The Conversation

By | Aug 01, 2023
Summer Issue 2023

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I was impressed by the diversity of opinions in the last Moment “Big Question” project (“What does 75 years of the State of Israel mean in the context of 3,000 years of Jewish history?” Spring 2023) and found the different interpretations interesting and important. The interviews were a very educational experience for me and also brought back two poignant memories that contributed to my development as a Zionist. At the age of six, I vividly remember dancing in the street in South Philly with my grandparents and many of their Jewish immigrant neighbors, celebrating Israel’s independence. Most of all, I remember how proud my Dad was when he shared that his grandfather was a delegate to the First Zionist Congress in Basel, Switzerland in 1897. Thank you for this fascinating exploration of Israel today.
Gwen Zuares
Washington, DC


As always, you’ve put together a very diverse and thoughtful group of Jewish opinions on the state of the State of Israel. Second- and third-generation Israelis are all too familiar with their parents’ history in exile and know full well what the alternatives are: diaspora, ghettos, pogroms, forced exile, minority status and Shoah. Israel is and will forever remain the capital of all Jews. Of all the “isms,” Zionism is the one that triumphed. L’chaim!
Eliezer Segal
Irvine, CA


As far as I know, this is the first time in history that we have simultaneously had a strong Israel and a strong diaspora, at least in some places. To me as a psychiatrist, that means: How do we use our power wisely and morally? This is a unique opportunity we shouldn’t squander.
H. Steven Moffic
Milwaukee, WI



Nadine Epstein eloquently makes the case for the vibrancy and productivity of the Jewish diaspora (“Finding a Balance Between Israel and the Diaspora,” Spring 2023). Israel is part of the global Jewish narrative and often looms large. But it is not everything, nor should it be. In America, there is a new generation of bright, creative, joyfully pious, justice-seeking Jews whose efforts and passion should be acknowledged, supported and celebrated.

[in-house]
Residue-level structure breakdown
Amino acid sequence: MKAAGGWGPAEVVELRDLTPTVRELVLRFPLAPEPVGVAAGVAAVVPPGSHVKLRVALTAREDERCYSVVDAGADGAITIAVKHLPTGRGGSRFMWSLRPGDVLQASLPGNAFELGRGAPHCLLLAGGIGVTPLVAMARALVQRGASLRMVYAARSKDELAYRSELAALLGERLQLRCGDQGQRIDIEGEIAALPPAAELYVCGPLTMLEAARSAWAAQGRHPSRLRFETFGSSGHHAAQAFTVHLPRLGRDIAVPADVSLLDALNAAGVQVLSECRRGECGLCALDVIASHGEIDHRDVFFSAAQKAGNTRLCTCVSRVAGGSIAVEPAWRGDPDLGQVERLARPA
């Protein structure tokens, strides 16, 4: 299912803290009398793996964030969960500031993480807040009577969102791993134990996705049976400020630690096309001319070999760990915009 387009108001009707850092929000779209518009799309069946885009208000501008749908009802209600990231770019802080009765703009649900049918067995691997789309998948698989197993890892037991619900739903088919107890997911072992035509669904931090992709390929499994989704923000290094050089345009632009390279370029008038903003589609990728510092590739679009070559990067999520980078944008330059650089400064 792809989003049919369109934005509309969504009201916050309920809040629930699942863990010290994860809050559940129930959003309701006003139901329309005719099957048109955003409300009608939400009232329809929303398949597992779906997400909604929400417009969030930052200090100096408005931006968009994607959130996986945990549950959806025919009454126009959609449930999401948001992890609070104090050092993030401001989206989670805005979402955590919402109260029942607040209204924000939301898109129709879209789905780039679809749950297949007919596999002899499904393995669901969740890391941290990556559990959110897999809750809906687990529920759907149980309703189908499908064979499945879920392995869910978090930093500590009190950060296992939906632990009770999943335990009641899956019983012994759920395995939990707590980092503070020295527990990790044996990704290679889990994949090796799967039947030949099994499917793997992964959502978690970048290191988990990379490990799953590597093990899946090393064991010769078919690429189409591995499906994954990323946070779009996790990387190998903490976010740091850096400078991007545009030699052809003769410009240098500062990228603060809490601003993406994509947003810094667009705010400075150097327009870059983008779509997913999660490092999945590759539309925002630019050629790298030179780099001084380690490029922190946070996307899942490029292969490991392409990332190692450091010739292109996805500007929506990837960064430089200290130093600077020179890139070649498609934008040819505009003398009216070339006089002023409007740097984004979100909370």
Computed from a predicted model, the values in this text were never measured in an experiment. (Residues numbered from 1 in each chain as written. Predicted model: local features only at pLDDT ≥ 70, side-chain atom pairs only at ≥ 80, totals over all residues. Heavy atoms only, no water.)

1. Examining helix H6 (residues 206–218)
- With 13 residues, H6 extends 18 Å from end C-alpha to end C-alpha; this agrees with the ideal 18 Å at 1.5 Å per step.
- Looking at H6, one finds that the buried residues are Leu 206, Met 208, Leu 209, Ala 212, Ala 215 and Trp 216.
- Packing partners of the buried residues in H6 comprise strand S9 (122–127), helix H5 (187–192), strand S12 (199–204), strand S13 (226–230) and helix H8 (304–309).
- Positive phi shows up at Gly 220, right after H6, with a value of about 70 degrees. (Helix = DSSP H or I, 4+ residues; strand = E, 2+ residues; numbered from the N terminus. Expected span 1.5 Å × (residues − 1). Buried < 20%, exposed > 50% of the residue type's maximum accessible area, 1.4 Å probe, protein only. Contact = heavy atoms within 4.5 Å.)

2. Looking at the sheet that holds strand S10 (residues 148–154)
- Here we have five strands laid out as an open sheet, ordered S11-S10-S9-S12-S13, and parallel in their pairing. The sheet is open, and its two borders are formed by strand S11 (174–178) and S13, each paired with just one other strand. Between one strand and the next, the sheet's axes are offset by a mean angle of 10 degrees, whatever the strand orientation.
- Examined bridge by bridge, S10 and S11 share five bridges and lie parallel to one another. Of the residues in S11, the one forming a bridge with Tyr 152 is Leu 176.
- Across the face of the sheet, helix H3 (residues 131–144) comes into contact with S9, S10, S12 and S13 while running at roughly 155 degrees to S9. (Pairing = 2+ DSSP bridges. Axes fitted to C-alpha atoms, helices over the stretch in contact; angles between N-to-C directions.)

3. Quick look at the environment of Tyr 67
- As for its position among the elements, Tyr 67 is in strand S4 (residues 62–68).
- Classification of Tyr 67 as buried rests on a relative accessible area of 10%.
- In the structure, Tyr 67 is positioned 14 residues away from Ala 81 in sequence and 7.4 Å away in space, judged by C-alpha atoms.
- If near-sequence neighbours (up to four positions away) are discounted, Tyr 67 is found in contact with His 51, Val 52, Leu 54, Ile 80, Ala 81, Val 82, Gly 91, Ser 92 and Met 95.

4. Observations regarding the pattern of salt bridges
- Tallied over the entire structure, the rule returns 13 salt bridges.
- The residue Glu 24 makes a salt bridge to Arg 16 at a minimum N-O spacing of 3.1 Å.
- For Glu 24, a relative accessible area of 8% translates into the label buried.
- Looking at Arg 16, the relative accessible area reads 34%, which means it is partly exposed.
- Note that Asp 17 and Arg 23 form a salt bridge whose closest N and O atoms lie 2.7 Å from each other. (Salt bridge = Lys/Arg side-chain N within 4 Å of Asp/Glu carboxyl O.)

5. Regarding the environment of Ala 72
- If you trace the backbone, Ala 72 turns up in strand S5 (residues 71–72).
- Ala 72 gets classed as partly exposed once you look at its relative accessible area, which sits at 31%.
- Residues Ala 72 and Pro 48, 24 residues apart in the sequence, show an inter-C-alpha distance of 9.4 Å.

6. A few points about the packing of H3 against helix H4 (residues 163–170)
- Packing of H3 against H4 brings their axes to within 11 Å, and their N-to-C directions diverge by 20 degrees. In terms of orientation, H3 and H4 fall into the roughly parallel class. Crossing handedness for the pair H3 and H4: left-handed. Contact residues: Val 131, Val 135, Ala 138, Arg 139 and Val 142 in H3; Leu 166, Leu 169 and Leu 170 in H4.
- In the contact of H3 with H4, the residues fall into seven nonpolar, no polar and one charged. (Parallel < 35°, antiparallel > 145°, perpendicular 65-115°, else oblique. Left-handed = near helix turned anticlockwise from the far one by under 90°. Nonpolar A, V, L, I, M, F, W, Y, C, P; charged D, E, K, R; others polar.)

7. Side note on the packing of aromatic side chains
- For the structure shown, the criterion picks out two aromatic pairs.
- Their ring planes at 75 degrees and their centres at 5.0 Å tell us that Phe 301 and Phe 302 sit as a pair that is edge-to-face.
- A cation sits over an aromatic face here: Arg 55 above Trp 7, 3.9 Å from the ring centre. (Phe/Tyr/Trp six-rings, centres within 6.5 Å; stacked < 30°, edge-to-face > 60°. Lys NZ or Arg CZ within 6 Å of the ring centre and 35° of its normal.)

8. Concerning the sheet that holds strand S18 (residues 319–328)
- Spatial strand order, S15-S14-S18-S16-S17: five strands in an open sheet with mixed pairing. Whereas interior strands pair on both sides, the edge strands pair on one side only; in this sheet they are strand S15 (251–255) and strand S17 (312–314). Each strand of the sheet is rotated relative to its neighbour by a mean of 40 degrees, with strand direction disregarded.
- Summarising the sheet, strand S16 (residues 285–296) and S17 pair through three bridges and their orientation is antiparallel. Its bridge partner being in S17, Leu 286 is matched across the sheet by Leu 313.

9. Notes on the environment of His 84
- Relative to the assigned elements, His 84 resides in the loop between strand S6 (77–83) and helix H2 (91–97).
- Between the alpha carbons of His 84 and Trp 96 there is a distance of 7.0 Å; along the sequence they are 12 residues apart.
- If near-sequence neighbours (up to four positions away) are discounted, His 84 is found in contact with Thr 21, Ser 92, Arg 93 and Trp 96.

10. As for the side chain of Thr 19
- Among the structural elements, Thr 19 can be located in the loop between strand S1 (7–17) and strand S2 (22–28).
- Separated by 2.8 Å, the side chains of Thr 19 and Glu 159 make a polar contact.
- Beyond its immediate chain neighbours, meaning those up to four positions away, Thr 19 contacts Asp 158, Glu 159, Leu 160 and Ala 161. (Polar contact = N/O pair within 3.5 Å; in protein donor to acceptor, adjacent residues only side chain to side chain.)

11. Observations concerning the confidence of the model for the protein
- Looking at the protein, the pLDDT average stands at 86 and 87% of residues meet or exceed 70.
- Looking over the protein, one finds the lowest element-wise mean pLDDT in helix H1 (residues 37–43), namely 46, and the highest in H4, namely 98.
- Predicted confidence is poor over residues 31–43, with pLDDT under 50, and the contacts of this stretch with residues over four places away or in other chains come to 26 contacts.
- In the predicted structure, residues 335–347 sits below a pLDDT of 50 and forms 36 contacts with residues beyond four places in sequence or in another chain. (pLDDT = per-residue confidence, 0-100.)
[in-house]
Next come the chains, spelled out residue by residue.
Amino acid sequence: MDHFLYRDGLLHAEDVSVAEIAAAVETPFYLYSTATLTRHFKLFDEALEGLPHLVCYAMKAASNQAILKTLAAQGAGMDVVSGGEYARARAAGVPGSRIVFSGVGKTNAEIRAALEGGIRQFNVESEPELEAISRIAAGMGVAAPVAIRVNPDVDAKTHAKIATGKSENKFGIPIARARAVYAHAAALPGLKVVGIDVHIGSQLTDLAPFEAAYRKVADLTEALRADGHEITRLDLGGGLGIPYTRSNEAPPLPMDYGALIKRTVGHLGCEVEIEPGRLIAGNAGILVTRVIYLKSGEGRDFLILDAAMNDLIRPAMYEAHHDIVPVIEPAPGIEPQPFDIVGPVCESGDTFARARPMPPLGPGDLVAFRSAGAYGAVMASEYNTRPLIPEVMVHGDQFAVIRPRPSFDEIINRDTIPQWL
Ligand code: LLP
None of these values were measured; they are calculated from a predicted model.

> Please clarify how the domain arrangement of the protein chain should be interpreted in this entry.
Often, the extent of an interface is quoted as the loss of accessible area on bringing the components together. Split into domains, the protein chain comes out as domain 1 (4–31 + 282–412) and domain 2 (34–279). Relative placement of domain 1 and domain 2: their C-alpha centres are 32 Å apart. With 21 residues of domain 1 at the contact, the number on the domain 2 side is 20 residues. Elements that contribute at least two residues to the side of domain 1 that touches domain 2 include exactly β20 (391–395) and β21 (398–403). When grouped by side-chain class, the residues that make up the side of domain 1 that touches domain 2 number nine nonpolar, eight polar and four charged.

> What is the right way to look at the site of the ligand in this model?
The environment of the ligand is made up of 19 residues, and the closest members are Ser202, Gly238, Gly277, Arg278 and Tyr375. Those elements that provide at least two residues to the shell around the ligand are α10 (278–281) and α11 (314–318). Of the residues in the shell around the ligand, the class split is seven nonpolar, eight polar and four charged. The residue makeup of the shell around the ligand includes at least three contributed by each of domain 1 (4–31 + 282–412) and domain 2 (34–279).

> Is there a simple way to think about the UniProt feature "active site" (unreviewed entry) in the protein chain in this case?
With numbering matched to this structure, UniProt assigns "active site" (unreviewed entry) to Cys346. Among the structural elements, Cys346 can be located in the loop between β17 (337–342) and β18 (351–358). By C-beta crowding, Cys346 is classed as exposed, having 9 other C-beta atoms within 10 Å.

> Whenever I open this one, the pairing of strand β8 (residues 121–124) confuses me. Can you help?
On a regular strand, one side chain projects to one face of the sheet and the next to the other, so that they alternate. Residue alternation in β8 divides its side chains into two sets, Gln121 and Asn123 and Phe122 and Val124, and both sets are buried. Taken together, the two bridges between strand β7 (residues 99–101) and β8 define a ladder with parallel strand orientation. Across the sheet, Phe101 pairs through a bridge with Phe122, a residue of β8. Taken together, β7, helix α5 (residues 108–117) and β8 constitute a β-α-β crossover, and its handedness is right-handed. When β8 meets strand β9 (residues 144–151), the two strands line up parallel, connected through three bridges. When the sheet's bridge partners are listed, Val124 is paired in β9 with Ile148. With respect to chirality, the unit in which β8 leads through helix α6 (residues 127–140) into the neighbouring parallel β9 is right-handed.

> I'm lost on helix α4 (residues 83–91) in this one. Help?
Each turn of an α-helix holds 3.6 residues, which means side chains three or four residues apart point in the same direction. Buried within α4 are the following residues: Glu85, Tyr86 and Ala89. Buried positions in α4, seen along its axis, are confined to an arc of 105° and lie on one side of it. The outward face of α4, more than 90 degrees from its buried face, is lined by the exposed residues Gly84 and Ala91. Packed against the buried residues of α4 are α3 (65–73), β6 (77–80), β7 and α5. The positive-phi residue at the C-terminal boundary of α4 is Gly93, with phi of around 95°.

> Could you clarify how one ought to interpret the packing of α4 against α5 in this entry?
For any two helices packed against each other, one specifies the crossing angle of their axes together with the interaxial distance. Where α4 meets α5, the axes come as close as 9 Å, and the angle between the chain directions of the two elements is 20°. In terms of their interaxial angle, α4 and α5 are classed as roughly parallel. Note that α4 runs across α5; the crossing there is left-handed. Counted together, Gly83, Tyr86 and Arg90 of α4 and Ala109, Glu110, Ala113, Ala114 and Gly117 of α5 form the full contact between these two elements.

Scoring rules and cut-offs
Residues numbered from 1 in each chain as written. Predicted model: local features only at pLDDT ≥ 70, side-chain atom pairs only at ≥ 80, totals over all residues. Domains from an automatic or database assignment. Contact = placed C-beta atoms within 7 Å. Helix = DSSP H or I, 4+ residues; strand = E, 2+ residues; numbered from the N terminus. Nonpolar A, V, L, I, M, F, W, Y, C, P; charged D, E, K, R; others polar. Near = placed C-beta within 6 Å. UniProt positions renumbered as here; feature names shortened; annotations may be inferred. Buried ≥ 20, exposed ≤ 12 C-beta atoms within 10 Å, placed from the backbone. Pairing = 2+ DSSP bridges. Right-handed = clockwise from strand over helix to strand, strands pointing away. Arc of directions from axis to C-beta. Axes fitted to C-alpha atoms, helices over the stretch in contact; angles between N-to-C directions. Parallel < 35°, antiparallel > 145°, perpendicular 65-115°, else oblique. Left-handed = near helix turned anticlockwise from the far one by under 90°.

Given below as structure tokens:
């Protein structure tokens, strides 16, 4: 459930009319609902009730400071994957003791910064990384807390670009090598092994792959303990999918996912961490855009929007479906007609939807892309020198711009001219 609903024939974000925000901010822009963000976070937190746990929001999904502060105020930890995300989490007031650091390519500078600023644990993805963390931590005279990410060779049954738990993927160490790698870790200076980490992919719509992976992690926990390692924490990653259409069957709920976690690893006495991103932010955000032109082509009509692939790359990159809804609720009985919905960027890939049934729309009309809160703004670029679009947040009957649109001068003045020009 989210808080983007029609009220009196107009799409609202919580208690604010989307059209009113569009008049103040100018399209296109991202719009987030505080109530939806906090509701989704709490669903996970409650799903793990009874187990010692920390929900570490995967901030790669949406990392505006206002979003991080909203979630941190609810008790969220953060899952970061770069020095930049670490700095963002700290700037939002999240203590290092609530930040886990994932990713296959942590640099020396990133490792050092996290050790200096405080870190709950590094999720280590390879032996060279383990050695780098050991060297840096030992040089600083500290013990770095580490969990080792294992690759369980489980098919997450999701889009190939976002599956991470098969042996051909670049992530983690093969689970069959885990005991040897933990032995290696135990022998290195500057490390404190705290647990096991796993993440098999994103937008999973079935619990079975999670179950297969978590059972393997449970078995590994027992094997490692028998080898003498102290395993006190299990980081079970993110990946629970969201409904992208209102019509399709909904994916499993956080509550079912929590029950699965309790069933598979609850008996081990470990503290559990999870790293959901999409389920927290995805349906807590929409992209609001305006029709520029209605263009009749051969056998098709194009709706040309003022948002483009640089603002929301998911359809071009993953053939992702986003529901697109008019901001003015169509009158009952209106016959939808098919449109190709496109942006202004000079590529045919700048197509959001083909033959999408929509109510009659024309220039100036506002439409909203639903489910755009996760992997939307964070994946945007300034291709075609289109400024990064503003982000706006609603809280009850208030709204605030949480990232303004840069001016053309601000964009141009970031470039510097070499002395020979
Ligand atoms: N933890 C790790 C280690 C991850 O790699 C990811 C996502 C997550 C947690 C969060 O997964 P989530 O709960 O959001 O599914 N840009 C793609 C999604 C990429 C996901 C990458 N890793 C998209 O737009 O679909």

There are too many groups to name, but just a few in my city of Boston are: Hebrew College, a nondenominational seminary/academy sharing a campus with several forward-thinking organizations; Jewish Arts Collaborative, which curates diverse experiences in Jewish art, music, food and more; Lehrhaus, a Jewish tavern and house of learning; Mayyim Hayyim, the Living Waters Community Mikveh and Education Center, whose goal is to open the ritual of immersion to everyone in the Jewish community; and Vilna Shul, a downtown center with programs to entertain, teach and build community.
Anita Diamant
Brookline, MA



Yossi Klein Halevi’s “Songs to Build a Nation” (Spring 2023) about the history of the people and land of Israel is stunning. This musical journey into the heart of the land and people of Israel was both nostalgic and educational. Having made aliyah and lived in Israel for fourteen years of my young adult life, it taught me so much about the ten years prior to my arrival in 1976 and brought back so many beautiful memories in a way that only music can do. Thank you for this wonderful feature.
Ayala Zonnenschein
Ashland, OR



What a beautiful essay by Nadine Epstein (“The Women Who Shaped Israel,” Spring 2023)! It taught me more about our female leaders in Israel, some of whom I didn’t know about. When I was a kid in the 1970s, I thought that every person no matter her gender had a realistic opportunity to be a president, prime minister or even a monarch, thanks to Queen Elizabeth II and, in particular, Golda Meir, who was so often on our TV and in the newspapers in our home. Golda reminded me of my father’s mother’s family (also of Russian descent), hard-working people involved with Hadassah, B’nai B’rith and our synagogue. Thanks to them, I thought anything could be if we dreamed it and worked hard.
Lynn Bartner-Wiesel
New York, NY


I must thank Nadine Epstein for voicing the glaring truth about the lack of respect for women in the culture of Israeli politics and government. The dearth of women in top leadership positions and the total disregard for women’s rights at the Kotel are unfortunate. Working together as one community, one nation, with respect for the secular and religious is crucial going forward. Seeing the divisions today is sad, and perhaps more women in government—including bubbes and Jewish mothers—could bring people together as a family.